(c) I find a continuing interest in the notion of community contact which continued in two major pieces completed this year – (1) Birthsong, an installation on photographic paper commemorating the death of Roberto Villanueva, an eminent Philippine artist and personal friend. This involved contact with local hospitals in the search for babies born on the day of his death, and (2) the Vietnamese piece mentioned above which involved contact with the Vietnam Veterans Association and some veterans. The show will be exhibited at Maudespace, Sydney, September 1996.

(d) After meticulously researching conservation issues in regard to the works on photographic paper I have found this to subsequently be restrictive and, given the ephemeral or non-permanent nature of installation work, I have given  myself permission to free myself of these restrictions in relation to the Vietnam piece which incorporates, amongst other media, permanent marker pen, textas and postcards.


Birth Life Death…………although these concerns have been reflected throughout my almost 20 years of art practise, they have consolidated for me in middle age and mic career…the big issues. It is my responsibility as an artist NOT to back off from what I so passionately feel about and to encourage others, be they children or adults, artists or non-artists, strangers or intimates not to be afraid, hence my earlier appeal, my commitment to education. For, as John Donne, the great English poet wrote, understanding, as he did, that we share a common humanity, and must all take the responsibility for guarding against our dark side:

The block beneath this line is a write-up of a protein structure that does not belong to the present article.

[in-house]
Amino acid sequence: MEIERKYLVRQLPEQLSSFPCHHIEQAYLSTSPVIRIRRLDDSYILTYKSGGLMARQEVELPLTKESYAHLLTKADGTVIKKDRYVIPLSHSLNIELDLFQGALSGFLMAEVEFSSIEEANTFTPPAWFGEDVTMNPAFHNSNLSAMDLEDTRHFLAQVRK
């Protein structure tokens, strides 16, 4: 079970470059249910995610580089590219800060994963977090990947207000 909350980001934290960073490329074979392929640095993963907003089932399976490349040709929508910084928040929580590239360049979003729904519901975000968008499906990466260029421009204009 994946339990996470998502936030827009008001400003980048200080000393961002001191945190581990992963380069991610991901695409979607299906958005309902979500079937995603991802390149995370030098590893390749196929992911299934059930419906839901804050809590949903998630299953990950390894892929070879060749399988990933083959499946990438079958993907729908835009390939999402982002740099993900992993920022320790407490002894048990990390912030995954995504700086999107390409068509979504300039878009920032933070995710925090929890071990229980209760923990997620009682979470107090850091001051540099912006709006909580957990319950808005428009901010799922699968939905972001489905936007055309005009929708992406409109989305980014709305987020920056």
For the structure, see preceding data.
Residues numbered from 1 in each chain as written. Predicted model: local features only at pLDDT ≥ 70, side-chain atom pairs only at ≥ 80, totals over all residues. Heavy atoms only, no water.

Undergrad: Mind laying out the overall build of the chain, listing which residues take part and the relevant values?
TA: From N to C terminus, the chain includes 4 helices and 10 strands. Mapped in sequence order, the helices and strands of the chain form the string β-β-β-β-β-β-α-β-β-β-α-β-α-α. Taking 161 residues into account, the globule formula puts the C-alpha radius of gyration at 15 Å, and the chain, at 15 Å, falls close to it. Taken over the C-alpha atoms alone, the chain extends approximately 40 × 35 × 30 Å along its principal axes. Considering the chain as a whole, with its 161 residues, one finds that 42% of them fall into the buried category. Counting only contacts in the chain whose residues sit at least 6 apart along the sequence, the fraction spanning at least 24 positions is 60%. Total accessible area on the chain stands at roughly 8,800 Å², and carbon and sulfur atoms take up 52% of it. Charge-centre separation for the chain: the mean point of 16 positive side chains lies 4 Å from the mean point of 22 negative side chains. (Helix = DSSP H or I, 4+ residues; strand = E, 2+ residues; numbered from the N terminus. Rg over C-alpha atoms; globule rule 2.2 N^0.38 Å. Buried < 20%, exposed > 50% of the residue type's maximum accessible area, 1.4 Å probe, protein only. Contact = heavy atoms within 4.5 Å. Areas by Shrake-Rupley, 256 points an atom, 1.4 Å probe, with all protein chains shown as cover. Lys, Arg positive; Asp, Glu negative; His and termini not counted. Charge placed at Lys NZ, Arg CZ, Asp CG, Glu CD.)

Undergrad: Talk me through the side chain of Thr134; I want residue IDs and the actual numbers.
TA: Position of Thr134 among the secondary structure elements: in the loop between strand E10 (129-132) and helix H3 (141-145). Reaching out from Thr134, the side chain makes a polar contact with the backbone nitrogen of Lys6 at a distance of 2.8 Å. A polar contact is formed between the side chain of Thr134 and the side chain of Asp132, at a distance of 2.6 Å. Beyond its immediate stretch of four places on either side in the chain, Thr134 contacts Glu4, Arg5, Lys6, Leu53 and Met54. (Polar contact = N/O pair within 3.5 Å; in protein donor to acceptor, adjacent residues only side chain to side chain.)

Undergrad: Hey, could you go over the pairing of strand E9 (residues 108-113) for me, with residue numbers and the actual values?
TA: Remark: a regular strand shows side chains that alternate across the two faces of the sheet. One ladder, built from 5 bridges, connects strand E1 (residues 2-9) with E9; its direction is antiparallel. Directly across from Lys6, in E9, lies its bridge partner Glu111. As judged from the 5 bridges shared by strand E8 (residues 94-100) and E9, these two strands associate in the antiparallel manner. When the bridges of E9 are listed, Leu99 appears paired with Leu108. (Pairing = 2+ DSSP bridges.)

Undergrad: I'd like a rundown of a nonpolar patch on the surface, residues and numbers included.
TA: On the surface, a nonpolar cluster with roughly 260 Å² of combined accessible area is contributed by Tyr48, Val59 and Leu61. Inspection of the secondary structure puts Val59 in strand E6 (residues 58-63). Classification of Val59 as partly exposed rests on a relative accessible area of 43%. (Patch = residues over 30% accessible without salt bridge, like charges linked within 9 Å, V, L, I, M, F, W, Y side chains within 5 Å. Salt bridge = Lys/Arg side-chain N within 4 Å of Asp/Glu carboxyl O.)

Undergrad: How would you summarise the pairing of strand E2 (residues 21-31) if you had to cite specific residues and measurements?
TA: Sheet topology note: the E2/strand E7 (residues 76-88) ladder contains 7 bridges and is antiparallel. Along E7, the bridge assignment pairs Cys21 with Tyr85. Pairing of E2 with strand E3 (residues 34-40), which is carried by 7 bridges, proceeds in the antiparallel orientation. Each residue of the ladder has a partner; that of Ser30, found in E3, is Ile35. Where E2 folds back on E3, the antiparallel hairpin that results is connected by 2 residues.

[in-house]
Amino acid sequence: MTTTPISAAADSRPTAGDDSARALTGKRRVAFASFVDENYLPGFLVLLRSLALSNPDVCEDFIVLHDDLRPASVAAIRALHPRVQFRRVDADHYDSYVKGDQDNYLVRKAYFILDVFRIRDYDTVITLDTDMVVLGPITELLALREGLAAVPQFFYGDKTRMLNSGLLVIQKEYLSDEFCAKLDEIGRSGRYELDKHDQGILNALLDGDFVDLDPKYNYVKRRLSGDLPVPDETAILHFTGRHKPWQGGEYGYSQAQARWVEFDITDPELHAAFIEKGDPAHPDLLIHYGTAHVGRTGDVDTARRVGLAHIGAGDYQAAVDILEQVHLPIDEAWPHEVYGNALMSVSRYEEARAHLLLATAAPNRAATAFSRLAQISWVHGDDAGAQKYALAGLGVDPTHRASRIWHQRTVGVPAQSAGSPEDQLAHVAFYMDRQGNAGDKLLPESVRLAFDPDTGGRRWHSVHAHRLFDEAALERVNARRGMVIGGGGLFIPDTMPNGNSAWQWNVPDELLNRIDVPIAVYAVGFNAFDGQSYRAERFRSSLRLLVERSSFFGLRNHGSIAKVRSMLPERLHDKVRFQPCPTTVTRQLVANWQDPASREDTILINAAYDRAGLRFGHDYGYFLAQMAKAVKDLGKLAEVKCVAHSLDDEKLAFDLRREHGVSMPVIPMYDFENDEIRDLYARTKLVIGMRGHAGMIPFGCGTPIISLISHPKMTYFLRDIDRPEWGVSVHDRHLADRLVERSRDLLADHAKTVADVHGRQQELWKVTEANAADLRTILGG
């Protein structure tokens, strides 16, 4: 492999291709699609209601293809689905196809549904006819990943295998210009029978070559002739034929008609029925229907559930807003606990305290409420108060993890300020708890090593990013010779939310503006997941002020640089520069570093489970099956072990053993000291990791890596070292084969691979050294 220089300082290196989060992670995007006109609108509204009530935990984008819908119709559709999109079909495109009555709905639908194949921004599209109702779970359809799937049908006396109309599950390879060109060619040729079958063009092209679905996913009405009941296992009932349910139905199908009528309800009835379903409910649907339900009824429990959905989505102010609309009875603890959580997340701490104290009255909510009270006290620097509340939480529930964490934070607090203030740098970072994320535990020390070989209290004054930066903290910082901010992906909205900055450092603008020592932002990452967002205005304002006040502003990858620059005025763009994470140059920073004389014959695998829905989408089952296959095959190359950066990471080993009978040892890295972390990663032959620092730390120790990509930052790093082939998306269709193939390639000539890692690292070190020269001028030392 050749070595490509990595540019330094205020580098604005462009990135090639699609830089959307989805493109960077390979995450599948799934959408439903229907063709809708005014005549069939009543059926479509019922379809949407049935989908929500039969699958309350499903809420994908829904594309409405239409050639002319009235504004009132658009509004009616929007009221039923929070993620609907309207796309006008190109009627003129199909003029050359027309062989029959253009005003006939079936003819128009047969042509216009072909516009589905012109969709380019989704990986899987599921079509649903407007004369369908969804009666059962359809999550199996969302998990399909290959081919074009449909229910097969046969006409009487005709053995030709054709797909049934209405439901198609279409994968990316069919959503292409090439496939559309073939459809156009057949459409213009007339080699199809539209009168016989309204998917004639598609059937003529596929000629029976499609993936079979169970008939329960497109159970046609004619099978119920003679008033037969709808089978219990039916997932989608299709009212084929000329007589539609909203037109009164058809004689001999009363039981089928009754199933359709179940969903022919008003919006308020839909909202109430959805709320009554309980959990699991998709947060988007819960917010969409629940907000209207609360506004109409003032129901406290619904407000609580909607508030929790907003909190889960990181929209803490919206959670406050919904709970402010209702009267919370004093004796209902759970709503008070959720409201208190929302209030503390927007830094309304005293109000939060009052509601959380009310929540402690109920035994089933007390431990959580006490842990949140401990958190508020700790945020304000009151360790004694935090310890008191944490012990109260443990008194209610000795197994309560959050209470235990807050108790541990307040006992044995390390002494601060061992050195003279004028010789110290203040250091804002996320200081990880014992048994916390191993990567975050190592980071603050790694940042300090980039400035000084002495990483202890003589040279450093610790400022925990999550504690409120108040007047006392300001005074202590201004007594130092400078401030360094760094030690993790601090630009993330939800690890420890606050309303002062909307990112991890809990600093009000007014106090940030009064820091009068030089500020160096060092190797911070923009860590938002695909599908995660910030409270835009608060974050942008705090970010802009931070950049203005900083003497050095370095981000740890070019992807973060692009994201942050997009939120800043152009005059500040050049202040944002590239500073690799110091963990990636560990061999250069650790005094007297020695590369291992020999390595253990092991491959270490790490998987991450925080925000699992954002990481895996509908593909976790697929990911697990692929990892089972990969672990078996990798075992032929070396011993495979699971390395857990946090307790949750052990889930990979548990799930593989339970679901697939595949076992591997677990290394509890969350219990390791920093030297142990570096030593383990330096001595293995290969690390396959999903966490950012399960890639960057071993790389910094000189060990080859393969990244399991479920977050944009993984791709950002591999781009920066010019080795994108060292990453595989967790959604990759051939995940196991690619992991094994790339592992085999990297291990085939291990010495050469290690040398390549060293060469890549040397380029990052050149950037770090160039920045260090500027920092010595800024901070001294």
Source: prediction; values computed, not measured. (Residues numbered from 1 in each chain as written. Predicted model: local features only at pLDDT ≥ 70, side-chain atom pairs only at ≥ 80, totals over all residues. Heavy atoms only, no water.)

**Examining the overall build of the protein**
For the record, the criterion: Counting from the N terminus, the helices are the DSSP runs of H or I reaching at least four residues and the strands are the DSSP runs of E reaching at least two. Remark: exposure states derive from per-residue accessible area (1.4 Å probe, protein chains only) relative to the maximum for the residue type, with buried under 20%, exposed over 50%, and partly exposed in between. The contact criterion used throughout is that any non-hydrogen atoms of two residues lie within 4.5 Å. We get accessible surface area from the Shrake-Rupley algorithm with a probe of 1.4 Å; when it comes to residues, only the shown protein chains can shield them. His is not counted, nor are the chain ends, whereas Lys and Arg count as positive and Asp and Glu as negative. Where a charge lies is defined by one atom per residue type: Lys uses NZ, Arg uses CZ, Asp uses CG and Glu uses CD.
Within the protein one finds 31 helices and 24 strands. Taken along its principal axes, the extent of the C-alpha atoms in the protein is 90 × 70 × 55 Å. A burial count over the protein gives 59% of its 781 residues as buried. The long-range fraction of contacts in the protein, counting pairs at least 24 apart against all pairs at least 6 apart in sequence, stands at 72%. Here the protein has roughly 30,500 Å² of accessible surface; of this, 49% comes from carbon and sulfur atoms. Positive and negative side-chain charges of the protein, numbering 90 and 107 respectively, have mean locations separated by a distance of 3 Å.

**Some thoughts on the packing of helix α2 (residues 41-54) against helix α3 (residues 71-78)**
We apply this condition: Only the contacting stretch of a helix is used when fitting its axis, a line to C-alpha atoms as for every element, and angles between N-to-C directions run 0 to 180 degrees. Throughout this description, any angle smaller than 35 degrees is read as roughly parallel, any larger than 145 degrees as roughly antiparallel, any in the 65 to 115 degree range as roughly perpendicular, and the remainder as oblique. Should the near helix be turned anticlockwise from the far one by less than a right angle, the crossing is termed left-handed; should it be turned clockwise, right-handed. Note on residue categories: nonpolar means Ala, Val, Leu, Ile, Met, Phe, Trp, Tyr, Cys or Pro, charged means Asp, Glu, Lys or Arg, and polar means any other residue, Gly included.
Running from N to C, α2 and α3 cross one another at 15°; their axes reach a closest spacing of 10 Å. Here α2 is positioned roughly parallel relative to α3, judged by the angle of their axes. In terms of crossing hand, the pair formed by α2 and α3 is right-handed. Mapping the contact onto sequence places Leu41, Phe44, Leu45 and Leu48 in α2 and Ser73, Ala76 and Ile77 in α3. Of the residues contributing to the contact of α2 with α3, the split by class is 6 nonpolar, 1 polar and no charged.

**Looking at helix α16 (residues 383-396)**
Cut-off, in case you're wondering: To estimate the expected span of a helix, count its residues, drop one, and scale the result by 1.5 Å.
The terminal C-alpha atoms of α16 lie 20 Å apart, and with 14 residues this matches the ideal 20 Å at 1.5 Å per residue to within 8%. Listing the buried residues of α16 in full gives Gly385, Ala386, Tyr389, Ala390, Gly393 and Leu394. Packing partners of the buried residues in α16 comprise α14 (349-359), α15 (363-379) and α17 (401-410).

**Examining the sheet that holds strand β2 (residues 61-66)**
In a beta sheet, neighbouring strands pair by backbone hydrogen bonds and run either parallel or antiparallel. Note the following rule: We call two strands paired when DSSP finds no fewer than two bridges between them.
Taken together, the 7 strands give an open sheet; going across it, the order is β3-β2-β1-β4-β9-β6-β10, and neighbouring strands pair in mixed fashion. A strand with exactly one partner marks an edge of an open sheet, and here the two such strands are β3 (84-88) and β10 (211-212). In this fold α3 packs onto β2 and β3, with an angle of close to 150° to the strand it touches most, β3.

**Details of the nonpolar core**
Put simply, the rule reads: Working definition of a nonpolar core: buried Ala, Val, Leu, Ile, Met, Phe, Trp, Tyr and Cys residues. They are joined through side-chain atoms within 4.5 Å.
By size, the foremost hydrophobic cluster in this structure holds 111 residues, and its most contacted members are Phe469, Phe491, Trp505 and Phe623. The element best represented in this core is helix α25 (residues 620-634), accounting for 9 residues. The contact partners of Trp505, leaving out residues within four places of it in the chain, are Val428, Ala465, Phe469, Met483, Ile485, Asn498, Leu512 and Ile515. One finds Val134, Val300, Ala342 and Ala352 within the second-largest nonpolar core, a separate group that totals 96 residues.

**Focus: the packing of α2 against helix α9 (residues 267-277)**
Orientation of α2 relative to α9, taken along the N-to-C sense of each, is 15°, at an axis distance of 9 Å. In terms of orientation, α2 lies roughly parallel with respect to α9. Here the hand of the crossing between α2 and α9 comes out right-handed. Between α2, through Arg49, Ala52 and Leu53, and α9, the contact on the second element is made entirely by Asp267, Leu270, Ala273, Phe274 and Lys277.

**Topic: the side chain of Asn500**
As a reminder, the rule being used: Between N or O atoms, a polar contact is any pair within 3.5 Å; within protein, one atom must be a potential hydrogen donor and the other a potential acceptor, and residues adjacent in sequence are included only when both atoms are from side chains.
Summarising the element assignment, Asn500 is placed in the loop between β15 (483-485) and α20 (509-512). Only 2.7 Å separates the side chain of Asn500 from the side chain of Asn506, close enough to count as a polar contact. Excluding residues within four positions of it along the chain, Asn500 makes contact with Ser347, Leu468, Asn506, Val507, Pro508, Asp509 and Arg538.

Any man’ s death diminishes me because I am
involved in Mankinde
and therefore never send to know for whom
the bell tolls.
It tolls for  thee